Apply for a Job at Llano County Jail
There are resources for families of both the perpetrator of the crime and the victim. The social and emotional impact of crime is far reaching, affecting many. Families can receive professional counseling, court related assistance, social services assistance and help in navigating the criminal justice system.
If you are a family member, which resources did you find to be particularly helpful? Please let us know, as this will be helpful to other families in the same situation.
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Important Note: If you, or someone you know, are in immediate danger, call 911.
The Victim Rights Act grants victims the following rights:
The definition of victim includes:
There are a number of services and programs designed to help victims and their families. You can find out about these services by contacting the courthouse, or local law enforcement agency.
The Department of Justice Victim Notification System (VNS) is a system that provides victims with information pertaining to their case and/or any defendants in the case. You will receive a Victim Identification Number (VIN) and a Personal Identification Number (PIN) that will allow you to access VNS via the internet or by phone. Here, you will find information about future court hearings, historical court events, and detailed information about the defendant. This will include criminal charges filed, the outcome of charges, sentence imposed, custody location, projected release date and any other release information. The VNS website is updated daily. You will also receive any ongoing information by mail or email.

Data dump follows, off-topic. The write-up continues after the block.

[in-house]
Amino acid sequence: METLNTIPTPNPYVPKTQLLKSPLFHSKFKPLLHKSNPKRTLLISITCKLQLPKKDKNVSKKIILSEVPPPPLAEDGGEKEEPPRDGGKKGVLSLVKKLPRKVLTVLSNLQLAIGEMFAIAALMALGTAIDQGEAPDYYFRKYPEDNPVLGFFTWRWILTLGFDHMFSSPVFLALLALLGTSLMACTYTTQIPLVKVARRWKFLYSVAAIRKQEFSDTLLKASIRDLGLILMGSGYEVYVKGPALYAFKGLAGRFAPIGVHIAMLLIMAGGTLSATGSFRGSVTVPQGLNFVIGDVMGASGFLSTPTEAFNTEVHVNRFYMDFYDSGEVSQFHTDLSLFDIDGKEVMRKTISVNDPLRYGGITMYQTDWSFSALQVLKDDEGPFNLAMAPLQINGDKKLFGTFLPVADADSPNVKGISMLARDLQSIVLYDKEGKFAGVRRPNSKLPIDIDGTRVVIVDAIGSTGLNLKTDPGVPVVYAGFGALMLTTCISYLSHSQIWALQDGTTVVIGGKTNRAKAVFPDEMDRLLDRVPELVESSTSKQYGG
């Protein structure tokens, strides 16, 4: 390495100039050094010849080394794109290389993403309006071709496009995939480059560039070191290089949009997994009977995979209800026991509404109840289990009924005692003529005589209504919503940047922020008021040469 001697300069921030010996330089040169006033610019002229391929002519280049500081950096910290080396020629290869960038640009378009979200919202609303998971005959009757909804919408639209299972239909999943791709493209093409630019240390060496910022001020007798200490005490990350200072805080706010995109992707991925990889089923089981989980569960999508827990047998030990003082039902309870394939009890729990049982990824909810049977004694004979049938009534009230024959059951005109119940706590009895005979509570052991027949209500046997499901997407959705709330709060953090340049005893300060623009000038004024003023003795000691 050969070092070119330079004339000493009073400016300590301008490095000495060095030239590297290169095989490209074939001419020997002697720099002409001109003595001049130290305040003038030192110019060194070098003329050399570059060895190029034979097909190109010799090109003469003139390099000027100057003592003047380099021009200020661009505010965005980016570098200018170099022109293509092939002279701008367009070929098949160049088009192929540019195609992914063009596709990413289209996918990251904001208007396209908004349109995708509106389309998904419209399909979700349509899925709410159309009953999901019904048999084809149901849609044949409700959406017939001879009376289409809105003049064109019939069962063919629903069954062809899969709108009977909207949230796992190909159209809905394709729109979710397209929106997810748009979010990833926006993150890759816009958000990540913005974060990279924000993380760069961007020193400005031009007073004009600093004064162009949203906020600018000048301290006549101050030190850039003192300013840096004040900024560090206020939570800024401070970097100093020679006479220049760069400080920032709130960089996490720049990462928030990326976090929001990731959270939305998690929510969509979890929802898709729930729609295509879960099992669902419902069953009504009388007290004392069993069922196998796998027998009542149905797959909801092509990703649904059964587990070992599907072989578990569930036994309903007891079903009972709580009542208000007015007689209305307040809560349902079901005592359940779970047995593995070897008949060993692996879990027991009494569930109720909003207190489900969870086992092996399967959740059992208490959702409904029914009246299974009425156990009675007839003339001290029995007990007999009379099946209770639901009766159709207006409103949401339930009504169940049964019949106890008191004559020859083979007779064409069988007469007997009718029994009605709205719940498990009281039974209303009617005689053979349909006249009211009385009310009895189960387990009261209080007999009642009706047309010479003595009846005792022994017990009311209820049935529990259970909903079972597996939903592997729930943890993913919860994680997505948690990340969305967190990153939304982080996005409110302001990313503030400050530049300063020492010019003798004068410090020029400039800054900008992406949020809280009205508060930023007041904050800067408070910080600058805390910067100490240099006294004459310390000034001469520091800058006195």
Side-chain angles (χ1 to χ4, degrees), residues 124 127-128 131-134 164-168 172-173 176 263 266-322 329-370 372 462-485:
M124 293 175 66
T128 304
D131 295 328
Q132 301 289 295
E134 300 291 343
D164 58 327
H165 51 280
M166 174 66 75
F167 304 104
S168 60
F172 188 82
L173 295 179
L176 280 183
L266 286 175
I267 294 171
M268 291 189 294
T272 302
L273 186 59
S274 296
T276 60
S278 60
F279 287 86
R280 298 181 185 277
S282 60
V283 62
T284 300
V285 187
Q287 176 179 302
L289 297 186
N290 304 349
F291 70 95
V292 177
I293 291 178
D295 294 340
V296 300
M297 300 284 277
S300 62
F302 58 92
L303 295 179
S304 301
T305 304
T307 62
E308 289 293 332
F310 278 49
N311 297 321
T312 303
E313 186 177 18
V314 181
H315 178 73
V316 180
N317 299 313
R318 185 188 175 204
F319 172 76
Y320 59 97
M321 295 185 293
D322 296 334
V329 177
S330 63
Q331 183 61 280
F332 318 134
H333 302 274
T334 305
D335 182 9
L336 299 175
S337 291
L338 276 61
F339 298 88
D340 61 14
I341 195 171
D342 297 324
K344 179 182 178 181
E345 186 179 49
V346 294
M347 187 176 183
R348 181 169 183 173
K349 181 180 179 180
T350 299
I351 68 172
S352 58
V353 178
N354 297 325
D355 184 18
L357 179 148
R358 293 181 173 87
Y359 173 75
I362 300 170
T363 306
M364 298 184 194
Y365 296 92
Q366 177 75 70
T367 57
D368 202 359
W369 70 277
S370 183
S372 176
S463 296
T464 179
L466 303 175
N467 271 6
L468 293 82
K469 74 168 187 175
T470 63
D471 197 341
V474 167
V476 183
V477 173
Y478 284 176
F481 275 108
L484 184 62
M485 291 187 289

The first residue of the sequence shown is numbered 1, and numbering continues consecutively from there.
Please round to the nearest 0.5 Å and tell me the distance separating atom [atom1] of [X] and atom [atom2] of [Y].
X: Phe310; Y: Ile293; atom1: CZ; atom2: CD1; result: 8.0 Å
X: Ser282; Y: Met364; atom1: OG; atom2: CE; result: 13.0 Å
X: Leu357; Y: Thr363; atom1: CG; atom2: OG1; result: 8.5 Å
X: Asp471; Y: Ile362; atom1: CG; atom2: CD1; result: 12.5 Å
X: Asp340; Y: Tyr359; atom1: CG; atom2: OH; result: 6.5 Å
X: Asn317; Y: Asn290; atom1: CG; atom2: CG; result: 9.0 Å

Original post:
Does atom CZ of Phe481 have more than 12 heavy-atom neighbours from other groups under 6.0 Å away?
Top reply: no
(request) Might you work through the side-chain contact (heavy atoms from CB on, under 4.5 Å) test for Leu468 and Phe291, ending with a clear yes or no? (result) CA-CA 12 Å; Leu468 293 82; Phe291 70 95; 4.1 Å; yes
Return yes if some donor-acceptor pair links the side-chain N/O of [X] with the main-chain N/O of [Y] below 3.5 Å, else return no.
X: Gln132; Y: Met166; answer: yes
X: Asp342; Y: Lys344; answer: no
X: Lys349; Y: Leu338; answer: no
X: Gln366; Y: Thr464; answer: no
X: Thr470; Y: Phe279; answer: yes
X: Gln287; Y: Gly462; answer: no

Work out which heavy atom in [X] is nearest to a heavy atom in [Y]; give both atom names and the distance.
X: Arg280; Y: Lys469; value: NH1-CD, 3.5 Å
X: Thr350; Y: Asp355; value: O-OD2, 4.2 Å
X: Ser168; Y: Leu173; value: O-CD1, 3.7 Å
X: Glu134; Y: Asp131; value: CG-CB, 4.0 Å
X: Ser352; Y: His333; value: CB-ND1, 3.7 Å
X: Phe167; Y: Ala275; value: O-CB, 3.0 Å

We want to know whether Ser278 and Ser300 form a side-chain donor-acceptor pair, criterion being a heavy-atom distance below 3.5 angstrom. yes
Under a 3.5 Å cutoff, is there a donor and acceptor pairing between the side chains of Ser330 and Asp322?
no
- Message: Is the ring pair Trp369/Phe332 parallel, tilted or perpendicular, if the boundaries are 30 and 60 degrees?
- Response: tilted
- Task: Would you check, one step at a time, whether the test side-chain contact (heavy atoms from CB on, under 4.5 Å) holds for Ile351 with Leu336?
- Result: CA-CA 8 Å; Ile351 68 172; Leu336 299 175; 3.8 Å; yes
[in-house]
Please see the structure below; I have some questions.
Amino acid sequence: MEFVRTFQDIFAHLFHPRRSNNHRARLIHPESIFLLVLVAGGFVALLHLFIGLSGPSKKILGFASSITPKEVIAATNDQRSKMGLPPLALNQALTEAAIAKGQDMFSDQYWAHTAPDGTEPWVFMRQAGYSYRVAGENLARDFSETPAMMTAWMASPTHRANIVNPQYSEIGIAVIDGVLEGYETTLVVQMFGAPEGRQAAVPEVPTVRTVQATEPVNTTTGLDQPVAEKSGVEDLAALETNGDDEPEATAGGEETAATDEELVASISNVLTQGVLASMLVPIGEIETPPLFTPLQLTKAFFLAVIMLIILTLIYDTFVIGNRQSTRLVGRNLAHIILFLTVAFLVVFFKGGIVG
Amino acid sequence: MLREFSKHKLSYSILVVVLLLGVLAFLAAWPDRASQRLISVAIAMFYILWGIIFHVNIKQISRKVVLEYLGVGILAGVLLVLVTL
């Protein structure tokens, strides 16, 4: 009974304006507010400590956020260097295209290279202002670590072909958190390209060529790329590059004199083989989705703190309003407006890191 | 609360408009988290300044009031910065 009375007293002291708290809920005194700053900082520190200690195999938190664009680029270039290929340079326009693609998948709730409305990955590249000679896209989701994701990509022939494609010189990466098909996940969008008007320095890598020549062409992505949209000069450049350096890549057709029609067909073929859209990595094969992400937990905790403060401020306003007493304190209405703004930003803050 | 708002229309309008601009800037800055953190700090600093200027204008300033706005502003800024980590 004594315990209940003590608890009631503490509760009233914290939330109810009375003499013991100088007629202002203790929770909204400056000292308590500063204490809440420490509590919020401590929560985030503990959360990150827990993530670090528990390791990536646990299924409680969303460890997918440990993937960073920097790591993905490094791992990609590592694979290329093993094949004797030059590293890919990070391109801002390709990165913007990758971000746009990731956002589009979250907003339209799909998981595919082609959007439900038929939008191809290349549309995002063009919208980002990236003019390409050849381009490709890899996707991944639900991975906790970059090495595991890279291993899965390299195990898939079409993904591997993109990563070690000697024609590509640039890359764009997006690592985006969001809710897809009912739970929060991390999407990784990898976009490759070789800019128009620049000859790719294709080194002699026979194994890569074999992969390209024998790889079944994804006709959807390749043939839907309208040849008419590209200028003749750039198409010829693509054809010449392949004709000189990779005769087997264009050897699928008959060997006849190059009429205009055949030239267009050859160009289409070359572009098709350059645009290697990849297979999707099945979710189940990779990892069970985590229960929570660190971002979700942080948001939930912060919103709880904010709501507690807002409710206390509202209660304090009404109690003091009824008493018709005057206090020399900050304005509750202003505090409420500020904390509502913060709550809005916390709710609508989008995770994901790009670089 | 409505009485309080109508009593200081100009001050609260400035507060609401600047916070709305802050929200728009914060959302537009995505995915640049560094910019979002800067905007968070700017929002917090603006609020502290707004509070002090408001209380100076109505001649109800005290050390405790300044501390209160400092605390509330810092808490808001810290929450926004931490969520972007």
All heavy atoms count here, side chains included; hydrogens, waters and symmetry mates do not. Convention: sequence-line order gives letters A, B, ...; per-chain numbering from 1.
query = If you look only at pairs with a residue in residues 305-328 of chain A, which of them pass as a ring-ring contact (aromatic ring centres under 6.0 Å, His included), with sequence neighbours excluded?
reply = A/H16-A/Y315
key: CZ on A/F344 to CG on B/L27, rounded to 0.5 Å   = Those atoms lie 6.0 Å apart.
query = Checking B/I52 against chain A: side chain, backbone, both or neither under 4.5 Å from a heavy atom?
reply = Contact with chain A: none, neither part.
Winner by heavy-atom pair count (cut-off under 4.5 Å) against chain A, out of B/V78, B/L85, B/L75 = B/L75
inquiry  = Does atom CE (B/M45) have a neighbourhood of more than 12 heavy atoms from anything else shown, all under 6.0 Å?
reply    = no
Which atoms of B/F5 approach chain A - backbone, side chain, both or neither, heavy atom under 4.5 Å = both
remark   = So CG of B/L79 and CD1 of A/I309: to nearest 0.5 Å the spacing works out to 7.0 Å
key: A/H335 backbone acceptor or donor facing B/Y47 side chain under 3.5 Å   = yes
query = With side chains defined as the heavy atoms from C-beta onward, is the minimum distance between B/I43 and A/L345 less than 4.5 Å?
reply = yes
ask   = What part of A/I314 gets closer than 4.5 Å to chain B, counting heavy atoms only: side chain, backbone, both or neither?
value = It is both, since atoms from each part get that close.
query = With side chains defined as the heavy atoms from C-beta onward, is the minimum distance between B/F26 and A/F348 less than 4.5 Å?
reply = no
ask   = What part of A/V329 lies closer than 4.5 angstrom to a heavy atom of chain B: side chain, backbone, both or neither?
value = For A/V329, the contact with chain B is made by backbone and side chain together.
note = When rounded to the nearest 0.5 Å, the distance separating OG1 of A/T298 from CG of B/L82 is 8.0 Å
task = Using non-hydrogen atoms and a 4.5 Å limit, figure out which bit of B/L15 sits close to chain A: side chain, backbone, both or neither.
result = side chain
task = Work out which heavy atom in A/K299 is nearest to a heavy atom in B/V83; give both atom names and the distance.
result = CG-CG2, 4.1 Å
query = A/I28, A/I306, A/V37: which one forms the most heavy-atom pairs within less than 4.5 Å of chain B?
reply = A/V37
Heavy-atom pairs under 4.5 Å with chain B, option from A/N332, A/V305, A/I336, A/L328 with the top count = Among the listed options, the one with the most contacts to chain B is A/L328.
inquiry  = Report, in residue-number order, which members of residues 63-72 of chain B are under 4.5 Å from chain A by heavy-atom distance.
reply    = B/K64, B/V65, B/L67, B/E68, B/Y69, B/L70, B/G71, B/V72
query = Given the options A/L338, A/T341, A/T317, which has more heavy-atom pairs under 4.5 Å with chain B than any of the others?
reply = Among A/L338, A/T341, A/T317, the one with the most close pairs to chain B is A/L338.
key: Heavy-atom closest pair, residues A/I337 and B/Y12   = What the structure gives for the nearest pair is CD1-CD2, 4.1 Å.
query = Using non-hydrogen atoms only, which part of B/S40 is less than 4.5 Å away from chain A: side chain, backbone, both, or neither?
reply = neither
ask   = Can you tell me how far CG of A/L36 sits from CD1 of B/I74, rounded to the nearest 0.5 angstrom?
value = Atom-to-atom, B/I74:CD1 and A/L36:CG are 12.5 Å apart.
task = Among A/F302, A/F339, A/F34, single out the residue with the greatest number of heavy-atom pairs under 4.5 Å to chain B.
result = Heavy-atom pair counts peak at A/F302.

Have you, a family member or friend ever used the Victim Notification System? If so, was it effective? Did you get the information in a timely manner? Was the system difficult to use? We would like to hear from you, so please post any comments here.